ERIC Number: ED347953
Record Type: RIE
Publication Date: 1992-Apr-3
Reference Count: N/A
The Role of Self Monitoring, Conformity, and Social Intelligence in Selection of a College Major.
Gabrielsen, Eric; And Others
A study was done to examine the role of self monitoring in choice of college major. A self monitor is an individual who adopts a social orientation so that he/she can manage self presentation. Self monitors are likely to modify their academic choices to fit social situations or others' expectations. Subjects of the study were 38 male and 54 female volunteer general psychology students, including 52 freshmen, 24 sophomores, 9 juniors, and 7 seniors, 31.5 of whom had changed majors at least once. Data were collected using a four-part questionnaire that explored background, a self monitoring scale, a personal freedom versus social conformity scale and a friendship scale. Results indicated that self monitoring played a role in selection of college majors. However, data also indicated that the direct influence of close friends was not what most persuaded self monitors with regard to choice of major. Rather, broader social conformity factors such as the major's reputation, image and prestige attracted high self monitors to a major. The study also found that high self monitors were attracted to majors requiring low social intelligence suggesting that self monitors prefer enterprising but not necessarily social occupations where they, not others, can be the center of attention. Included are 23 references. (JB)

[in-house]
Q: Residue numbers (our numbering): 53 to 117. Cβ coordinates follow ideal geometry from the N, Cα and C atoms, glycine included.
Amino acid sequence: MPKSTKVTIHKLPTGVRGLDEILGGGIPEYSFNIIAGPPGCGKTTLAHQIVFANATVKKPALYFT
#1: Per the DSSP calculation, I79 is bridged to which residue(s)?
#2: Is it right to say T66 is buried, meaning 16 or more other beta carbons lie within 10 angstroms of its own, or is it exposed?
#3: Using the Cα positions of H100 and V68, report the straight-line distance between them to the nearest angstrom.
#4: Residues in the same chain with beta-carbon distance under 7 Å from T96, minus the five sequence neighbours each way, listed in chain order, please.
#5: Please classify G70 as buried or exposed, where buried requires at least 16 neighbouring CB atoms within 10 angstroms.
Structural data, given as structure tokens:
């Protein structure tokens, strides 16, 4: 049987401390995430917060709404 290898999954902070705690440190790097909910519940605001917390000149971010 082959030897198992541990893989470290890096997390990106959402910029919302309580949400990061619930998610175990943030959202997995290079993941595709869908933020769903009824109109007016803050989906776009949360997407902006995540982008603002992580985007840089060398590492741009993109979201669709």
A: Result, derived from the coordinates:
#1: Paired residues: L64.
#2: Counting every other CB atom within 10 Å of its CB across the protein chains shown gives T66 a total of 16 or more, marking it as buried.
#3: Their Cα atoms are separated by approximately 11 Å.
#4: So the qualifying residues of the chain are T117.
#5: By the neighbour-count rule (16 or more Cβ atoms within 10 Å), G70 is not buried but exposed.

Publication Type: Reports - Research; Speeches/Meeting Papers
Education Level: N/A
Authoring Institution: N/A
Identifiers: Self Monitoring
Note: Paper presented at the Annual Conference of the Eastern Psychological Association (Boston, MA, April 3-5, 1992).